Why You Should Still Get Tested For COVID-19 After Getting The Vaccine

As the rate of people vaccinated against COVID-19 increases around the world, it may feel tempting to become more complacent about getting tested for the infection. Testing rates are expected to drop as infection rates fall, but a disproportionate decrease could indicate that people aren't taking testing as seriously as they should. But the risk for infection is still present and forgoing testing even when it's recommended could be disastrous.

The most common symptoms of those infected with the SARS-CoV-2 virus include fever, congestion, cough, aches, and loss of smell. Throughout the pandemic, those exhibiting these types of symptoms have been encouraged to get tested. COVID-19 testing is free and relatively easy to get, and people that test positive are encouraged to quarantine in order to reduce the spread of the virus. It also helps individuals know what to look for and what to do if their symptoms worsen. And experts warn that even those who have gotten the COVID-19 vaccine should still get tested for the infection if they are exhibiting symptoms (via Healthline).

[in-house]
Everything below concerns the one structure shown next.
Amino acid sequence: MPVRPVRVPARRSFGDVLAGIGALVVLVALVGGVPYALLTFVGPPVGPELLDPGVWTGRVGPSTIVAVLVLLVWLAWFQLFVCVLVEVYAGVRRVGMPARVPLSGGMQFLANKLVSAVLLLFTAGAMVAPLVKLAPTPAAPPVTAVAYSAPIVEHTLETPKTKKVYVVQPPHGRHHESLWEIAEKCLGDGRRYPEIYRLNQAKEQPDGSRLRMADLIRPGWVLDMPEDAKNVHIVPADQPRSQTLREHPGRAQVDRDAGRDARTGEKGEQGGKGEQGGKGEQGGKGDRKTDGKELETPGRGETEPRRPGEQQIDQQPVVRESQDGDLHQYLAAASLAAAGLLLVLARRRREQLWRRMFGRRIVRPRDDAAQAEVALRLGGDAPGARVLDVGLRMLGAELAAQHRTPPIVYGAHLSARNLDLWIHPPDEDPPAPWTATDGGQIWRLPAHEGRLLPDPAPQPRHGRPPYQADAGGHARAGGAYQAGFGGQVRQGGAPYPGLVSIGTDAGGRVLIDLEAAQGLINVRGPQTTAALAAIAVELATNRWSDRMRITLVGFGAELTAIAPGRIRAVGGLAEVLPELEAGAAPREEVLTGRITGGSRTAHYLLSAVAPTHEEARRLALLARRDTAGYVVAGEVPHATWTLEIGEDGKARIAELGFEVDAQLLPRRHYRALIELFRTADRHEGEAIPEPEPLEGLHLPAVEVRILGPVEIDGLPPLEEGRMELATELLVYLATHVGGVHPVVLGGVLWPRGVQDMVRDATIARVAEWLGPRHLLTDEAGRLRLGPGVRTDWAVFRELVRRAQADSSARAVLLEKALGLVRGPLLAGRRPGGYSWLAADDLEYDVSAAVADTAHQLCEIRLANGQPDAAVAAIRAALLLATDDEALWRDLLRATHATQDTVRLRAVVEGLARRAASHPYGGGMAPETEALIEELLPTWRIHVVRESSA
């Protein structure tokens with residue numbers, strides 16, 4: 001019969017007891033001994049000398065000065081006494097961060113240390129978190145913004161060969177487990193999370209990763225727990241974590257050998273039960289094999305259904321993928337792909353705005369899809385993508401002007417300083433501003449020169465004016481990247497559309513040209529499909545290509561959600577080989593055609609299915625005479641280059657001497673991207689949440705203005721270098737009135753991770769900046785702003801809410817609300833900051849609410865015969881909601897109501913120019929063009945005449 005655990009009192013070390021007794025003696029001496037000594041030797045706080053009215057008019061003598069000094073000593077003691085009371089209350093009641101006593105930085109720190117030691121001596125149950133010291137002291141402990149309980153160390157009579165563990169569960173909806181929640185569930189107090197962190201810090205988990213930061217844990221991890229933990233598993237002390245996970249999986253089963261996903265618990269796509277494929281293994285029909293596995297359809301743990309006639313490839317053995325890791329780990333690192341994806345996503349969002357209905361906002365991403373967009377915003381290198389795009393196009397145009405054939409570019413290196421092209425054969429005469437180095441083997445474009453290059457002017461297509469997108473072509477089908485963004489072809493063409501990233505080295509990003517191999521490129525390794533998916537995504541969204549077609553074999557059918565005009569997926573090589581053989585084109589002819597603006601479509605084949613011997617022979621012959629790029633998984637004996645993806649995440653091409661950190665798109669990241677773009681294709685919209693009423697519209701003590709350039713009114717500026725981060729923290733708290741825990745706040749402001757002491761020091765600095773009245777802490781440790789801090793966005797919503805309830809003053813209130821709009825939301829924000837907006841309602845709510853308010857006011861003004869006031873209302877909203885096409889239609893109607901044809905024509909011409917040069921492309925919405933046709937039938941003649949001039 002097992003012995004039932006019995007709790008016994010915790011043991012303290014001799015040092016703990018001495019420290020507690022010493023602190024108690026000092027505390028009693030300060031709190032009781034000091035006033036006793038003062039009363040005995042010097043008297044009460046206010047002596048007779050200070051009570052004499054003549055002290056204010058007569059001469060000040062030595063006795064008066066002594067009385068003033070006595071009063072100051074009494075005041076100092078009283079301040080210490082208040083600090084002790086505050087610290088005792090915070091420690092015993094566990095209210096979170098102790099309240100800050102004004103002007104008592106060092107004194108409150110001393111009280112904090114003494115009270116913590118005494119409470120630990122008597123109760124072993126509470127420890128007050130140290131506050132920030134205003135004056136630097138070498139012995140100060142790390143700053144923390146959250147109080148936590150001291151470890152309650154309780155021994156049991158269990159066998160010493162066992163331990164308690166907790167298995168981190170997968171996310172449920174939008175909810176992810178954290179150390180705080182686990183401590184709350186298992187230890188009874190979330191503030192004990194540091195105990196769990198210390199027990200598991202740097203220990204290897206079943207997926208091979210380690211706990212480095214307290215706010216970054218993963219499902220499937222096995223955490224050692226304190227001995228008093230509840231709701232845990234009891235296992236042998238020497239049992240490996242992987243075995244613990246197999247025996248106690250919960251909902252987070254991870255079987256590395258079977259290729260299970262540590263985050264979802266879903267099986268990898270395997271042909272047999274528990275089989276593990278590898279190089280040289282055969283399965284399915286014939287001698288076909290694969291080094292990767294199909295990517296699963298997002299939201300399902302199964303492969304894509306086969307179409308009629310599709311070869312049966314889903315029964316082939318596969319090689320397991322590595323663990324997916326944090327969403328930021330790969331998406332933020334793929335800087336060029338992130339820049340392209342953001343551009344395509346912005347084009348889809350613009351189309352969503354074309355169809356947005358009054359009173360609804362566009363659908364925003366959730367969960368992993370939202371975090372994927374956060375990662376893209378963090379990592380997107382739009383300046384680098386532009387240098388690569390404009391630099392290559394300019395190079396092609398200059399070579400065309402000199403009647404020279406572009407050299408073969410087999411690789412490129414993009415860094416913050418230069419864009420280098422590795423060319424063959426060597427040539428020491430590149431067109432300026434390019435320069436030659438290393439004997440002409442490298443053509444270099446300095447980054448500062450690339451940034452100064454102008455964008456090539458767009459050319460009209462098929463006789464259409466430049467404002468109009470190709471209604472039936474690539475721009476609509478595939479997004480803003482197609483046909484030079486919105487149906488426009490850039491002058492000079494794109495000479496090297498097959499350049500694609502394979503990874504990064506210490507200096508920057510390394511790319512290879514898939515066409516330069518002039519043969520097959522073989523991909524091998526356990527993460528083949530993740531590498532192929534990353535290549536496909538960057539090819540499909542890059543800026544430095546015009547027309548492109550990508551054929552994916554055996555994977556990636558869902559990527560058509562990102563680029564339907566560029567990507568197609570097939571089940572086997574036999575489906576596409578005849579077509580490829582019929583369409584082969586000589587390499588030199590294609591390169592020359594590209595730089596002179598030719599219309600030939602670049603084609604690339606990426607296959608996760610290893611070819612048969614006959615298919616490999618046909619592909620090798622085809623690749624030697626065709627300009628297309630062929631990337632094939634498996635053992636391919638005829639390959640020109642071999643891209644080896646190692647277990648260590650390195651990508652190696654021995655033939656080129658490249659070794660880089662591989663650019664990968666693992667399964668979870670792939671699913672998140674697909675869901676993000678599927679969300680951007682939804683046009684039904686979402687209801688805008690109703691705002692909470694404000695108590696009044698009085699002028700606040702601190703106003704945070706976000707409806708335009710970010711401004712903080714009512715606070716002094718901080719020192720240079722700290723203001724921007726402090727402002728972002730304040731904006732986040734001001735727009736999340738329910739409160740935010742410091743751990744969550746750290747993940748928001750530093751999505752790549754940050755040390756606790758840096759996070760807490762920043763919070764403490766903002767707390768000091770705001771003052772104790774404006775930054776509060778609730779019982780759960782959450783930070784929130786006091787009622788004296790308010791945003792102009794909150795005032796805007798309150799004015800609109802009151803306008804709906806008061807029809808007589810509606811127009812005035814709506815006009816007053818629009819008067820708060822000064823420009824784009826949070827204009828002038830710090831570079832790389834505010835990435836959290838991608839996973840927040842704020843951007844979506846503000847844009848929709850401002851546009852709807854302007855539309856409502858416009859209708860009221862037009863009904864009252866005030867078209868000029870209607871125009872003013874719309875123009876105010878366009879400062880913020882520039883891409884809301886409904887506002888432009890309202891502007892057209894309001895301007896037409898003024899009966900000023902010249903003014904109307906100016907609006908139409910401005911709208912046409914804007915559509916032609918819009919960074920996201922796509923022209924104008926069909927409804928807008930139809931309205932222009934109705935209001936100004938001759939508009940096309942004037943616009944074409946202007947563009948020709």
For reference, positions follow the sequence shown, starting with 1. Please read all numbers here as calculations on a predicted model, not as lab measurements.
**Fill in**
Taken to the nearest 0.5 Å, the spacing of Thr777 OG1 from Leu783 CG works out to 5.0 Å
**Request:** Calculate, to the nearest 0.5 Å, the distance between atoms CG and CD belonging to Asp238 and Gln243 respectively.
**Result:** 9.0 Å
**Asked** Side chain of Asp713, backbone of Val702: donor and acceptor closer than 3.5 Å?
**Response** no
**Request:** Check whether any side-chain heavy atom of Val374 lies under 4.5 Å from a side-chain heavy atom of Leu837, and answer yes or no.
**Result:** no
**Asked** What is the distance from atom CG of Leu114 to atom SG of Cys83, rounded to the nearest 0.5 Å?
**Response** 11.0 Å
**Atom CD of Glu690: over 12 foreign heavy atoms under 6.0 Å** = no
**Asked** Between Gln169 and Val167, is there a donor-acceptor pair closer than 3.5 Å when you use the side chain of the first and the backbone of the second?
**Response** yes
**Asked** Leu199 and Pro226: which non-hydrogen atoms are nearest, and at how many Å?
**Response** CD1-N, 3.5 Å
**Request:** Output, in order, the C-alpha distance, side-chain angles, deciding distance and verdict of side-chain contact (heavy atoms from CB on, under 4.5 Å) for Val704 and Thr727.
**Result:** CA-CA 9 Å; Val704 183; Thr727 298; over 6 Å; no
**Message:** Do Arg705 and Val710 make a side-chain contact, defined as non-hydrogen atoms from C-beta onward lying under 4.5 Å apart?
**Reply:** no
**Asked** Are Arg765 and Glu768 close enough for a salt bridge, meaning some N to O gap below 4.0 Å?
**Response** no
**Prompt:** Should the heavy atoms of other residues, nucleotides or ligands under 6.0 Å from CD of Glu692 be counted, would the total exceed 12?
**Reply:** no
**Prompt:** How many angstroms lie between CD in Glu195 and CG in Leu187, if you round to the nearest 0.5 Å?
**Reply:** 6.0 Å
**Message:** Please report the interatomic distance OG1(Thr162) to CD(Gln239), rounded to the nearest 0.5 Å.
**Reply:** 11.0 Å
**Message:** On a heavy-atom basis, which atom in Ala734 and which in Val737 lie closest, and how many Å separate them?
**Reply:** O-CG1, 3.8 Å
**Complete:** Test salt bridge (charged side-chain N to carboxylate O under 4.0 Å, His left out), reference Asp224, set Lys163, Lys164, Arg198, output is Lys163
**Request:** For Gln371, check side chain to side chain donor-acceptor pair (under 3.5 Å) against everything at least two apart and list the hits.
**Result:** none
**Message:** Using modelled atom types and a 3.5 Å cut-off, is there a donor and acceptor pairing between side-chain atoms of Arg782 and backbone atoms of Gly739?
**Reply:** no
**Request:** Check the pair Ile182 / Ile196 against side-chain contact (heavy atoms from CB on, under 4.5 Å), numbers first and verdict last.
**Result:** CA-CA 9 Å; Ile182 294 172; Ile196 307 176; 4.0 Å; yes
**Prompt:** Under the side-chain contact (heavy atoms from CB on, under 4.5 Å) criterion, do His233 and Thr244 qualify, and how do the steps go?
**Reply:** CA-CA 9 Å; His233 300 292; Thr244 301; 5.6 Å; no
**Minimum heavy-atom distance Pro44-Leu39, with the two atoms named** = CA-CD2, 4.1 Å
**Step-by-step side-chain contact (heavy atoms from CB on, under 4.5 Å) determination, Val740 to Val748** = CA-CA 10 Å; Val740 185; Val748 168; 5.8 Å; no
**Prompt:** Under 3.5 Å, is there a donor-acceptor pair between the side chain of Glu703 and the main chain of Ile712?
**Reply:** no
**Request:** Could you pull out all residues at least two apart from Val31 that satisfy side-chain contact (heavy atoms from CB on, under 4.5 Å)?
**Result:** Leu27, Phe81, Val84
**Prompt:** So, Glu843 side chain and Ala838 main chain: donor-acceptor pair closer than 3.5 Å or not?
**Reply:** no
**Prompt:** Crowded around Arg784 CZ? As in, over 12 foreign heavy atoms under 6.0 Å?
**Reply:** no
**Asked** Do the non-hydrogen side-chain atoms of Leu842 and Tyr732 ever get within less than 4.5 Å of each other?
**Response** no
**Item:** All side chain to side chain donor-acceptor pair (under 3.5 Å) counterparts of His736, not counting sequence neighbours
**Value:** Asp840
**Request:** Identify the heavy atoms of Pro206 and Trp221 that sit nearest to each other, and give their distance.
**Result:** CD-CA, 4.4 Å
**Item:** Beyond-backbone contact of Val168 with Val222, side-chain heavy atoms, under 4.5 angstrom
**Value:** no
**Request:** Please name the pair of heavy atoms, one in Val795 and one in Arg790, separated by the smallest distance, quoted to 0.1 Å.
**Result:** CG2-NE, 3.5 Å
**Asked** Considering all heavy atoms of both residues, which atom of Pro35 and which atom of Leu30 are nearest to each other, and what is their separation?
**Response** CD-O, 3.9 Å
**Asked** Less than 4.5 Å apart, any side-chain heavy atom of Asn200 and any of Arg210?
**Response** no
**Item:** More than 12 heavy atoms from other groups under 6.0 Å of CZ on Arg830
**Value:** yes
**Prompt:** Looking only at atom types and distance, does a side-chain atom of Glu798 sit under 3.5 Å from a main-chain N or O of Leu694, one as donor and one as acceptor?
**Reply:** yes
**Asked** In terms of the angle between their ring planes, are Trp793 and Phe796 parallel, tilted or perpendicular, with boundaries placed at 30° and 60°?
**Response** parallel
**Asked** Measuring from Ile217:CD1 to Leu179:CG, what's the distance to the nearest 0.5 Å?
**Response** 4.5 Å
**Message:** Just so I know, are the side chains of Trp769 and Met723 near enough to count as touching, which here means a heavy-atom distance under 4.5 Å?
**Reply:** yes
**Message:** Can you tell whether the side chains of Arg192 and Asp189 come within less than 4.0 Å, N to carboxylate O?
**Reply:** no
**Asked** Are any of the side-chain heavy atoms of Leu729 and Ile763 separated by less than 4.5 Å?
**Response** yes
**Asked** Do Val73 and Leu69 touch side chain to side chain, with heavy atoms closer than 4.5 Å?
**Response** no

What precautions you should still be taking

While the vaccine essentially teaches your body how to recognize the virus that causes COVID-19, it does take about two weeks for your immune system to become fully activated against it (via the Centers for Disease Control and Prevention (CDC)). So if you happen to be exposed to the virus either right before or soon after being vaccinated, you can still develop symptoms and become sick. Because of this, doctors recommend that everyone continue to wear masks, practice social distancing, and wash hands thoroughly to avoid potentially spreading or being exposed to the virus.

If you do start to exhibit symptoms of COVID-19, you should get tested even if you've had the vaccine. The vaccine alone will not cause you to test positive for COVID-19, because none of the approved vaccines contain the live virus. And while each of the vaccines have shown that they significantly reduce the risk of severe illness and hospitalization, it may still be possible to get a mild case of COVID-19. Scientists also aren't sure how the vaccines will react to the new variants of the virus that have shown up around the world. For now, it's recommended that you get vaccinated and continue to take precautions, especially in crowds or poorly ventilated areas.